4. Online video becomes a major player
Among digital tactics, Barnard is especially bullish on the potential of online video to drive results for healthcare marketers. “It has lots of advantages that TV doesn’t have, in terms of targetability and addressability,” he says. “You don’t get that mass reach, but you can reach consumers with quite defined characteristic – not just ‘adults 18 to 49,’ but people at a particular time with particular hobbies and a particular income.”
Barnard acknowledges that a few healthcare advertisers have already taken advantage of it, but he nonetheless touts online video’s potential for messaging flexibility. “You can choose three or four different ways of discussing your product or service. You can be a bit more personal, a bit more discriminating,” he adds.
5. Out-of-home adds impact
Barnard believes out-of-home advertising will be a secondary beneficiary when healthcare dollars start to cascade away from television. The report suggests that it’s underused by healthcare marketers: it will account for 4% of healthcare spending in 2019 versus 6.4% of spending across all categories (see graph above). And that’s after healthcare OOH spending grew 11% last year and is projected to grow 15% this one.
Barnard points to digital displays, especially in highly trafficked urban areas, as the eventual game-changer. “Until recently, out-of-home was basically static posters, which isn’t a great way of getting across the kind of marketing messages you see on TV,” he explains. “Now you have motion and sound, which allows marketers to play with messaging a bit more.” They can also make on-the-fly adjustments to their campaigns. “If you’re a healthcare brand that has a cold remedy, you can rapidly deploy messaging around it during a cold snap. You can do the same for [skin treatments] during a period of hot weather,” he notes.
6. Newspapers are alive!
Well, in India they are, anyway. Overall, healthcare spending in newspapers was up 6% in 2018, with Zenith projecting that figure to rise to 17% in 2021 (see graph above) . These numbers not only challenge the conventional wisdom, but also fly in the face of forecasts for overall global newspaper ad spending (down 5% annually).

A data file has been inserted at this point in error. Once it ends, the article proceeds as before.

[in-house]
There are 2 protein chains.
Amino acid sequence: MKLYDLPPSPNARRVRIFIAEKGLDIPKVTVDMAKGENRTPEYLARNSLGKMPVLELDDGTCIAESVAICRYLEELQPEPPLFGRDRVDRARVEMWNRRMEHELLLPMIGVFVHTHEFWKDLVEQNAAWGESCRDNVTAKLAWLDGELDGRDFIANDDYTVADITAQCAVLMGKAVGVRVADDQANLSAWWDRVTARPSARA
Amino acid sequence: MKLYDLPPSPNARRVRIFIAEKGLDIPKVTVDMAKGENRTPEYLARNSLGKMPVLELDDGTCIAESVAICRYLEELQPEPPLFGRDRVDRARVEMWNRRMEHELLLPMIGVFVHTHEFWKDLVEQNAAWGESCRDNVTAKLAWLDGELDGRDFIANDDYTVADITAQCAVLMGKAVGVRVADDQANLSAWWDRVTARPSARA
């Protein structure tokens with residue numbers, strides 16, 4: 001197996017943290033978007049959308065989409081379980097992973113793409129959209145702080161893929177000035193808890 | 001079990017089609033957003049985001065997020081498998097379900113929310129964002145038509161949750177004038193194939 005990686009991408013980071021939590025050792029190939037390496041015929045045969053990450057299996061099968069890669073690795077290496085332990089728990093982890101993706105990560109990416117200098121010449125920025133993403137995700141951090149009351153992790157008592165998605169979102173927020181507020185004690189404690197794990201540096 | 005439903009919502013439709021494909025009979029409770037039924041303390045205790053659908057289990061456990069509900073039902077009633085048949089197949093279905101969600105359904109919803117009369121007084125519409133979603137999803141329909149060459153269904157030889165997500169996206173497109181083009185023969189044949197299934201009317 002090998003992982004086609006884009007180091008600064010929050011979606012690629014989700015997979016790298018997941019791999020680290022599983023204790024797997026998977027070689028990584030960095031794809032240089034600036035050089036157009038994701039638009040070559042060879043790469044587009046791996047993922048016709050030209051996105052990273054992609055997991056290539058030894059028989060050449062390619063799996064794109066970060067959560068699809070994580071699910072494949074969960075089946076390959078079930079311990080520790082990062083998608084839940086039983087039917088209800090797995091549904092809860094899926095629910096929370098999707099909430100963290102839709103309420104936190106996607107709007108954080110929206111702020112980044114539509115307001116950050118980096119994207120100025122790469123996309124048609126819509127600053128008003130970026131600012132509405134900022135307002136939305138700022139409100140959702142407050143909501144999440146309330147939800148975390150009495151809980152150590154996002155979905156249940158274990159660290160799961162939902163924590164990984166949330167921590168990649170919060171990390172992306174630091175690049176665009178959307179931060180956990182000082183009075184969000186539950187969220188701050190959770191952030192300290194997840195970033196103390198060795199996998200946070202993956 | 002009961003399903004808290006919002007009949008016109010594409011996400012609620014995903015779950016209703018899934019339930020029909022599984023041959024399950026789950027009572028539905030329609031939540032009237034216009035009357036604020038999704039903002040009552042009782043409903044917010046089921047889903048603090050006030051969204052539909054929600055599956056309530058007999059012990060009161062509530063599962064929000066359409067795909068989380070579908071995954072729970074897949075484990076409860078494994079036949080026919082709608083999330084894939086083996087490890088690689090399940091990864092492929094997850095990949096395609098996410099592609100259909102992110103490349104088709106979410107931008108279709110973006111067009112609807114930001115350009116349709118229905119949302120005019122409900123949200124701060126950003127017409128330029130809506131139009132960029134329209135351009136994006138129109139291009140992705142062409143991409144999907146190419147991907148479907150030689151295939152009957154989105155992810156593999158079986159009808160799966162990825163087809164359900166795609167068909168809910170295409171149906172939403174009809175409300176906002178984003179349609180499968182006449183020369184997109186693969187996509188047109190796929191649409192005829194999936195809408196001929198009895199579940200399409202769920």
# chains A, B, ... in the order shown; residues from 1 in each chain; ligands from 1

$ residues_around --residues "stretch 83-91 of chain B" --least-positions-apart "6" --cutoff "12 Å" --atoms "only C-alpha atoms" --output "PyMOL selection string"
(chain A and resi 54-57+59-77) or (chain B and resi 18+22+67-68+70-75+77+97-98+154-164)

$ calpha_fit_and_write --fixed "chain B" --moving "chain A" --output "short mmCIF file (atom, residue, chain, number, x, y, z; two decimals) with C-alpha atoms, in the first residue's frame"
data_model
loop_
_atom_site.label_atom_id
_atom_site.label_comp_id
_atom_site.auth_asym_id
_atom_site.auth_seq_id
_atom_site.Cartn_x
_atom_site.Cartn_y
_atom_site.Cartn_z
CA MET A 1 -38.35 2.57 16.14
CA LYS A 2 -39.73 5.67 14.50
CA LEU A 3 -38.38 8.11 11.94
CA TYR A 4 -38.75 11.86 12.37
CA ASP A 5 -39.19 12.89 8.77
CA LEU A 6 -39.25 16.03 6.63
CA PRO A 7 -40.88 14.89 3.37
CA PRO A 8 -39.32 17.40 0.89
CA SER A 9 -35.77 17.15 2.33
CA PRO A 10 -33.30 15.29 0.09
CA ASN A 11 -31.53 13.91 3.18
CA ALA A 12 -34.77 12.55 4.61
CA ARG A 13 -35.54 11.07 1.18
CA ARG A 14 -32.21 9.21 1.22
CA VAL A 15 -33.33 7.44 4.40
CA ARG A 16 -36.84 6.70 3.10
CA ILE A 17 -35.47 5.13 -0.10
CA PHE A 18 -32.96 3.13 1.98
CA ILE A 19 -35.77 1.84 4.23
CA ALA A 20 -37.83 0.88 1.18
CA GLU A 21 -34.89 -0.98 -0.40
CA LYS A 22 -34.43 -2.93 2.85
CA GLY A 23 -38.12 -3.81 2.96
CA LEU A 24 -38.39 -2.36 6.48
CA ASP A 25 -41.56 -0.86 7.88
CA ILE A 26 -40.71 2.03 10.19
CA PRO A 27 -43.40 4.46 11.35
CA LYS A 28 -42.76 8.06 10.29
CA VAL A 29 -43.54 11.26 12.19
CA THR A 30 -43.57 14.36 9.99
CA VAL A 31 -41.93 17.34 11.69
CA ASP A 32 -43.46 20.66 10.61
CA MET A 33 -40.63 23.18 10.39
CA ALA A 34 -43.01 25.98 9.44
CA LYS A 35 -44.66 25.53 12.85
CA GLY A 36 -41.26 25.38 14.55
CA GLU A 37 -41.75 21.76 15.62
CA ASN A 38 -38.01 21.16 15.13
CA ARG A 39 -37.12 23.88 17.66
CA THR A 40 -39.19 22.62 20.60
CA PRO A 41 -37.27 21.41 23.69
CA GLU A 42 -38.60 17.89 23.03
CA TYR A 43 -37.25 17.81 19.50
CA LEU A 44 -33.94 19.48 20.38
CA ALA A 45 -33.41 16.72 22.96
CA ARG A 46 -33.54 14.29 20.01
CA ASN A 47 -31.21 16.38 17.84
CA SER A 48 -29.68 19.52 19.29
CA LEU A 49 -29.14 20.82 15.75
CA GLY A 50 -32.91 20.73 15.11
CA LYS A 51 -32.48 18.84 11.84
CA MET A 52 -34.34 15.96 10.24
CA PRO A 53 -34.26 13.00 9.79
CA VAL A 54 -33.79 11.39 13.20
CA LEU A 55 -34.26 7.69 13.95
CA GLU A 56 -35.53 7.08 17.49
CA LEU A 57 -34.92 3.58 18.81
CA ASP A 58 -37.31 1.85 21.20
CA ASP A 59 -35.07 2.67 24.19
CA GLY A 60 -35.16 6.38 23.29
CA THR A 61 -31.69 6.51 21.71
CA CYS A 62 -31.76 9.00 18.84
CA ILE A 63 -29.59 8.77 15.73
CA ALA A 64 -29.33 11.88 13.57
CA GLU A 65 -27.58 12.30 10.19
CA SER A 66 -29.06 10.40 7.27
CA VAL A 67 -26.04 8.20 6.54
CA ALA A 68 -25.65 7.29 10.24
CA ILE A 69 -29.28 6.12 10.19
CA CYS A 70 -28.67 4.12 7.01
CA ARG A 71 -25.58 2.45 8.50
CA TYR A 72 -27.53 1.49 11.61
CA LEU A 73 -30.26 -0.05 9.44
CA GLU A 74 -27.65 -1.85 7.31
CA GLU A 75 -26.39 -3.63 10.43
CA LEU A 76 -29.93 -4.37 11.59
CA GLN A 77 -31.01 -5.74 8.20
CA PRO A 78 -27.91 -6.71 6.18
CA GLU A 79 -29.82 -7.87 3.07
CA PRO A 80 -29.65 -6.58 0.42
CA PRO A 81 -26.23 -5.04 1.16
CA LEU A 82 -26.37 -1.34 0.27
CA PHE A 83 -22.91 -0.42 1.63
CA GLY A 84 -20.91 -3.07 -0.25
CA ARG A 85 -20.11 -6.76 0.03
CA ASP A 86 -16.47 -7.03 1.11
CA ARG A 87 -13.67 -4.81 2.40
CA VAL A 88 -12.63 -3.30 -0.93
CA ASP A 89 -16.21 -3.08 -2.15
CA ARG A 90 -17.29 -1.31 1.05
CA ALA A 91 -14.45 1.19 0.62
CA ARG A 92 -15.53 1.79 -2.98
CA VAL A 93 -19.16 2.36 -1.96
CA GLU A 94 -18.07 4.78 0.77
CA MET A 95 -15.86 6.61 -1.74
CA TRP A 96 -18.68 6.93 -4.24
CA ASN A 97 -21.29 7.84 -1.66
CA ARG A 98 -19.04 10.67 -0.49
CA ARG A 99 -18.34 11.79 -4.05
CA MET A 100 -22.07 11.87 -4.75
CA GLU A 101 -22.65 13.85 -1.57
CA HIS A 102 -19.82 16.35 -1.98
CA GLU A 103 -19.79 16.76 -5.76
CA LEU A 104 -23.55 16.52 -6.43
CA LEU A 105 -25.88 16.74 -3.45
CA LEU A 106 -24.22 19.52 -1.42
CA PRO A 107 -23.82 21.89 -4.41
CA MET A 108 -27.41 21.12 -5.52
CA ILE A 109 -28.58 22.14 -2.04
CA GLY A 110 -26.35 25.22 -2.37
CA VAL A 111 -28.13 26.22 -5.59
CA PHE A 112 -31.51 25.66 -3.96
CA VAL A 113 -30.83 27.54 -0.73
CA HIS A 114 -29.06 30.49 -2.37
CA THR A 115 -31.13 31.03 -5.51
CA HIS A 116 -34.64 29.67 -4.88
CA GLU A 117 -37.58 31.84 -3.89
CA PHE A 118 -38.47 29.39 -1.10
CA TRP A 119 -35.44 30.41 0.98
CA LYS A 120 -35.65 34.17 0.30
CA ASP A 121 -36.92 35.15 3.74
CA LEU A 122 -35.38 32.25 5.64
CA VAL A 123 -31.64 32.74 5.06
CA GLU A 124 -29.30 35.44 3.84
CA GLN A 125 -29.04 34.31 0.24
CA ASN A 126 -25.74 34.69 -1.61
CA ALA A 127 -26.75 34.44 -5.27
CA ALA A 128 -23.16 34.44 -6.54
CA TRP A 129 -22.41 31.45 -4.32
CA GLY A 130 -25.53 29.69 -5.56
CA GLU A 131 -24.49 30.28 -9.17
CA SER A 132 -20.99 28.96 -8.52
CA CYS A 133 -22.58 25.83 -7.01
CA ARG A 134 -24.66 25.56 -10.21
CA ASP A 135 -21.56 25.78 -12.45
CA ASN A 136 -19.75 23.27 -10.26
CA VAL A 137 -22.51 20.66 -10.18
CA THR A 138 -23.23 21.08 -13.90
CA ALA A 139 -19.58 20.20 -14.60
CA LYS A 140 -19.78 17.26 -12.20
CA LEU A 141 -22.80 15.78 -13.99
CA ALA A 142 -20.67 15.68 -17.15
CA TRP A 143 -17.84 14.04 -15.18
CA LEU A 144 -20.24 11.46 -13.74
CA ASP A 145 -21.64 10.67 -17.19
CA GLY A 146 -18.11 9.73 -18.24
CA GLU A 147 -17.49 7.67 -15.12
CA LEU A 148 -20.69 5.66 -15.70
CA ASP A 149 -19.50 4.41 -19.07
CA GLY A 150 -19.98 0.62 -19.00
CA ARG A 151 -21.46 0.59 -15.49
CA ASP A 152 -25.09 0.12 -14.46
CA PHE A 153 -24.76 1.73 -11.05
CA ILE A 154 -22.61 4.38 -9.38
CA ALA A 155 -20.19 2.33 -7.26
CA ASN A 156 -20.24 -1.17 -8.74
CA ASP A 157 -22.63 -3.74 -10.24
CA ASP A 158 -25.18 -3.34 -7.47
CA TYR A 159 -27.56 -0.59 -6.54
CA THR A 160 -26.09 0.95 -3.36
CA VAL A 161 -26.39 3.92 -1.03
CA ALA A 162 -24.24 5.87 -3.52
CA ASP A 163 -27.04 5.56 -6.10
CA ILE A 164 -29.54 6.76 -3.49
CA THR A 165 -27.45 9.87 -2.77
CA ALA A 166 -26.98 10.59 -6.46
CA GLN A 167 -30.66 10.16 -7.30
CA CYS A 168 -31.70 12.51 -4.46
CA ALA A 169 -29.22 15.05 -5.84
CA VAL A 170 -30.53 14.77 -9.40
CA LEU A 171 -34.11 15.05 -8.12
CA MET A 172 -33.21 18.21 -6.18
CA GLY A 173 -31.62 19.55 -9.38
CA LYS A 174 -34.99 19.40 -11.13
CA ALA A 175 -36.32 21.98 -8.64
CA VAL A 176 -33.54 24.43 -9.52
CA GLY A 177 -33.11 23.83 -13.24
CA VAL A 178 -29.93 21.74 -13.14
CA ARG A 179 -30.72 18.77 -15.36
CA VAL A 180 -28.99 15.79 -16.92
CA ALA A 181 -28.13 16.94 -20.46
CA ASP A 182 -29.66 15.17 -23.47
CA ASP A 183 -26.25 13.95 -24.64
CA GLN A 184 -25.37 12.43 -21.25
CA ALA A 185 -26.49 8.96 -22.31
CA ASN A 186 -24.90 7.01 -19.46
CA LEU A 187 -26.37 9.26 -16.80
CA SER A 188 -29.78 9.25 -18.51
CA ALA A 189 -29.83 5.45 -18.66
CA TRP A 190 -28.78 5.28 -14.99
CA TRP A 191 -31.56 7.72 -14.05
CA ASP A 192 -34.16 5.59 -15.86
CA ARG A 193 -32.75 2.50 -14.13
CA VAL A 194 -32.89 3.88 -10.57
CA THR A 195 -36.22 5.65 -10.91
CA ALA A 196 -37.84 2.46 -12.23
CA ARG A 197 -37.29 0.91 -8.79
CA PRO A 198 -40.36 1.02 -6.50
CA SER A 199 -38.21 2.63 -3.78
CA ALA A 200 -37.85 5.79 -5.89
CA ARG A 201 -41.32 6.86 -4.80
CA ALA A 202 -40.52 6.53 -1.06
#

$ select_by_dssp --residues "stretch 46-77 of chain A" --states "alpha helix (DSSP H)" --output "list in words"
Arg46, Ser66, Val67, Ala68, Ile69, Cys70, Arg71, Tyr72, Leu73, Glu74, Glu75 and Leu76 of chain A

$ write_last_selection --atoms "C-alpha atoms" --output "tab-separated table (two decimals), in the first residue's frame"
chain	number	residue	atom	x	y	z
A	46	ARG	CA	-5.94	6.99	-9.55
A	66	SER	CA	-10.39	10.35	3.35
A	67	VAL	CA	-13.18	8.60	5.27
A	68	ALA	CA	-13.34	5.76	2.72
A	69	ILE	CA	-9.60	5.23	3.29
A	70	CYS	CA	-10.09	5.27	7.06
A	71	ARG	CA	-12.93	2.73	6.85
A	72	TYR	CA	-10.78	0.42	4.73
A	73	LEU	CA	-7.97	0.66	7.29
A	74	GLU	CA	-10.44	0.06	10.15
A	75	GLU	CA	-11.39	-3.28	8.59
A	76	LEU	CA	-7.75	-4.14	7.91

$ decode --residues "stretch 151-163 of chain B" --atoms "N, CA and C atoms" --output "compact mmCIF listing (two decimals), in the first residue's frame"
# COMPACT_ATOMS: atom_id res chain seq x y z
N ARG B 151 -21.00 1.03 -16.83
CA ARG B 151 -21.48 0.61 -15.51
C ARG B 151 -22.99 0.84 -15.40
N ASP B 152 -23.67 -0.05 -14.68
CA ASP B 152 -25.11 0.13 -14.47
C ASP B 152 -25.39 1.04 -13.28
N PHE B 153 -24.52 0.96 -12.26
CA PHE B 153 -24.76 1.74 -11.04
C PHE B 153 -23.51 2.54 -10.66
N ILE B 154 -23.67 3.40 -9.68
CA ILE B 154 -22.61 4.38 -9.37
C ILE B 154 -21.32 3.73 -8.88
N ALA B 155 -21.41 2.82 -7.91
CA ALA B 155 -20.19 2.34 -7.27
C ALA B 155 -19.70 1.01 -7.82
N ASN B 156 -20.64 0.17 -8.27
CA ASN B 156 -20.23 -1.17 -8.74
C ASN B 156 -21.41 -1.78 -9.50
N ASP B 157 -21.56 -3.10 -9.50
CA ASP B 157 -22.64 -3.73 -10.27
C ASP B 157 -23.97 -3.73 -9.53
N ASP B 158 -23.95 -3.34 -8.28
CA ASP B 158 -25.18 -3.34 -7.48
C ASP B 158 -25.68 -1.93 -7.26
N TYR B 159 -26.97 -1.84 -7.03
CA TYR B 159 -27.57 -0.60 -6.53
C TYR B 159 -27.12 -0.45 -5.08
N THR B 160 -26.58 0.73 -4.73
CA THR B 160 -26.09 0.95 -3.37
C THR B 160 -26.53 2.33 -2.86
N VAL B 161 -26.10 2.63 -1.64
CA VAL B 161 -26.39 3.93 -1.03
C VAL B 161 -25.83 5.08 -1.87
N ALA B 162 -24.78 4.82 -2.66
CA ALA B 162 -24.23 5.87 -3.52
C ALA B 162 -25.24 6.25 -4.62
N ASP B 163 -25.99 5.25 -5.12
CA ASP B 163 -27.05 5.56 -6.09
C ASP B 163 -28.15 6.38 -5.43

As it turns out, data from a single country skews the overall number. Over the years, newspapers have been the preferred channel for healthcare advertisers in India. In fact, newspapers are thriving there: ad spending, circulation and readership are all up. Alas, once you remove India from the mix, the overall share of healthcare advertising in newspapers falls in line with existing trends: it’s expected to drop from 2018’s level of 2.1% to 1.6% in 2021.
“In India at least, newspapers are seen as the safe home for healthcare marketing. Healthcare brands see newspapers as the place to put across a message that’s seen as trustworthy and authoritative,” Barnard says.
7. It’s all good
Between 2013 and 2018, healthcare advertising spend in the United States grew at an average rate of 6% per year. While TV spend fueled much of that surge, its inevitable decline won’t chip away at overall rates too acutely. Zenith forecasts 6% growth again in 2019, then 5% in both 2020 and 2021. This is hardly anything approaching a doomsday scenario.
“We see the healthcare sector as being in a transition phase. Probably more than most other industries, the core business is under threat from increasing costs and downward pressure on prices,” Barnard says. “It might seem difficult at the moment, but in the medium-term the business is going to be in quite strong shape.”